Developing Countries: Protect WTO Dispute Settlement

(MENAFN- Asia Times) The World Trade Organization's dispute settlement mechanism has, for decades, provided stability and predictability to the resolution of disputes between member countries. As escalating global crises increasingly affect world trade , however, the WTO needs to reform or risk becoming irrelevant.

Many are questioning whether the 2024 Ministerial Conference – the WTO's highest decision making body – is the last chance to save the WTO . At the top of the agenda of the conference being held in Abu Dhabi is the blocking by the US of new Appellate Body member appointments. The Appellate Body of seven persons deals with appeals against panel findings in disputes brought by WTO members.

The WTO's dispute settlement system isn't perfect. It is overly technocratic and expensive; and the Appellate Body was often accused of overreaching its authority .

The dispute settlement mechanism was designed to provide a safeguard against unfair trade practices by treating all countries equally and regardless of their economic power. Once seen as the“jewel in the crown” of the WTO, the two-tier dispute settlement system has not been fully functional since December 2019 .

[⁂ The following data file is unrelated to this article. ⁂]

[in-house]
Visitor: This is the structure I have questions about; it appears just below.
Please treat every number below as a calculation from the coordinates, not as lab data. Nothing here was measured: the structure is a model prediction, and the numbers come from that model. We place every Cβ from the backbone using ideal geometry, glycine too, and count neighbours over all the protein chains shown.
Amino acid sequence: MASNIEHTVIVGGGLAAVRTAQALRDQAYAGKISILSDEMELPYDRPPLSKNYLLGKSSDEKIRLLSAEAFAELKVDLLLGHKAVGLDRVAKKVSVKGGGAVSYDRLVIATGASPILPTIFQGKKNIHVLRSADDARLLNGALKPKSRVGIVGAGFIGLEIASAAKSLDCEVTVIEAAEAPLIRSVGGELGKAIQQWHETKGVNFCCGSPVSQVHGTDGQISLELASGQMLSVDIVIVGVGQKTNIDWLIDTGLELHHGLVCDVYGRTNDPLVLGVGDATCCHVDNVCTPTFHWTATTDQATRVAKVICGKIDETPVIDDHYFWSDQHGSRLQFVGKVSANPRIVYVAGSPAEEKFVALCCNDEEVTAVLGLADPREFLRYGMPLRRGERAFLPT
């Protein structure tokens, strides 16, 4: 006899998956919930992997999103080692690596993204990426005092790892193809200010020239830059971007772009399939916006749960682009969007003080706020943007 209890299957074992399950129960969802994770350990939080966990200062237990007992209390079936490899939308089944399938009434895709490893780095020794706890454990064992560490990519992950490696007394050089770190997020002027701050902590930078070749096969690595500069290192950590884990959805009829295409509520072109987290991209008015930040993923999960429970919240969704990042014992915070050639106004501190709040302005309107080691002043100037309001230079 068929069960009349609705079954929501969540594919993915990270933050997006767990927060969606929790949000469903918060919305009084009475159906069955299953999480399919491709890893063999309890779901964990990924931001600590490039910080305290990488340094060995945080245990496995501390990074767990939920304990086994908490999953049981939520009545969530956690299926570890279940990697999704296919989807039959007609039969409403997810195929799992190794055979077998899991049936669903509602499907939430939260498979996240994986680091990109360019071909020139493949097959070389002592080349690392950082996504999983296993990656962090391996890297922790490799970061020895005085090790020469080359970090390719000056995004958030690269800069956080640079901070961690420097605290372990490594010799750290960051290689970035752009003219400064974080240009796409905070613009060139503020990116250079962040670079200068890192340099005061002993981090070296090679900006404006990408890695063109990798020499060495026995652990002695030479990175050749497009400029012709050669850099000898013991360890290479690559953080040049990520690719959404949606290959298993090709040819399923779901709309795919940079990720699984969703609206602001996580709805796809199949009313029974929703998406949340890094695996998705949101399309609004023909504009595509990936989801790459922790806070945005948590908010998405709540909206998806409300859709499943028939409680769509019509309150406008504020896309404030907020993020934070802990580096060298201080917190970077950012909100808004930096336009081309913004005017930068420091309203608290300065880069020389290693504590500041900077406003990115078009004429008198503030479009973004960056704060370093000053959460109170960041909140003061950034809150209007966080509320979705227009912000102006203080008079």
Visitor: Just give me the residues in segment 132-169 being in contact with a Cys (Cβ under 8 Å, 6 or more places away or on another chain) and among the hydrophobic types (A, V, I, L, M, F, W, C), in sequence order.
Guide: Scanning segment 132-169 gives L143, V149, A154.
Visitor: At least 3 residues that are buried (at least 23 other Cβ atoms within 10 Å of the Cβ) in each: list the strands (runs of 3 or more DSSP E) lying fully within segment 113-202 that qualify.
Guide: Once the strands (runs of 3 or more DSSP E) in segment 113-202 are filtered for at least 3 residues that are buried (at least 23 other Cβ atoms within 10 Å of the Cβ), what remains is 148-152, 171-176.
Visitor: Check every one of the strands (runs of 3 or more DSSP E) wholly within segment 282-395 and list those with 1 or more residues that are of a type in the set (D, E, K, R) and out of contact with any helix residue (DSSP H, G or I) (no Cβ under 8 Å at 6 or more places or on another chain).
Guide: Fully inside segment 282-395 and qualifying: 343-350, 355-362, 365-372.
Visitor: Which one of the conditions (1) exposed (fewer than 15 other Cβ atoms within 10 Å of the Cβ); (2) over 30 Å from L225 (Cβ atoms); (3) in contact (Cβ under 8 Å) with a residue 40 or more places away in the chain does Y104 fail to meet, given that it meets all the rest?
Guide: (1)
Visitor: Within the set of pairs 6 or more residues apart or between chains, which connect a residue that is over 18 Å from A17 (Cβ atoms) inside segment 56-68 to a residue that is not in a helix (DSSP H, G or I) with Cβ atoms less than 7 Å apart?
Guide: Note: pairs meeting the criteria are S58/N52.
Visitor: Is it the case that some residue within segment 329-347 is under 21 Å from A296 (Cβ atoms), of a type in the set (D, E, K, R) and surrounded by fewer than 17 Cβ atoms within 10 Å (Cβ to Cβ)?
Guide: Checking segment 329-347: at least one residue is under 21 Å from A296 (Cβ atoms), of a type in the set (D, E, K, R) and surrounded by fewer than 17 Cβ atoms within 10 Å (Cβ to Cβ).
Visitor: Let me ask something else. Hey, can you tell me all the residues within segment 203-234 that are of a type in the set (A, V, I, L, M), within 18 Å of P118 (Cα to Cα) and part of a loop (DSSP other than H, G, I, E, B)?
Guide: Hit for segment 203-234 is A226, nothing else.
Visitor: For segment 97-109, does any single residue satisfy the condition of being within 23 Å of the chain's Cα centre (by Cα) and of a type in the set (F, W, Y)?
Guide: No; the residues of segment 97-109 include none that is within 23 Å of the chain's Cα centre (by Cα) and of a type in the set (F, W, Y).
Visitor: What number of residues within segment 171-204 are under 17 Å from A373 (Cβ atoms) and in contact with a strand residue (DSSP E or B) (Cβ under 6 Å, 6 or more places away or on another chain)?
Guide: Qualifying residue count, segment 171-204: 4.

The Appellate Body collapsed when the terms of two of its three remaining members expired. Due to the requirement for three members to hear an appeal, there was no longer a standing body that could decide on appealed panel findings. This put cases on hold, threatening to undermine the WTO's legitimacy.

In the hope of solving the current crisis, WTO members have put forward alternative models for resolving disputes. One is a multi-party interim arrangement. It provides a temporary alternative for appealing trade disputes. Originally set up by 16 WTO members, the arrangement quickly expanded to include 54 of the 164 WTO members. This reflected broad support for a final-stage arbitral process and the binding nature of the arbitral award issued by the panel.


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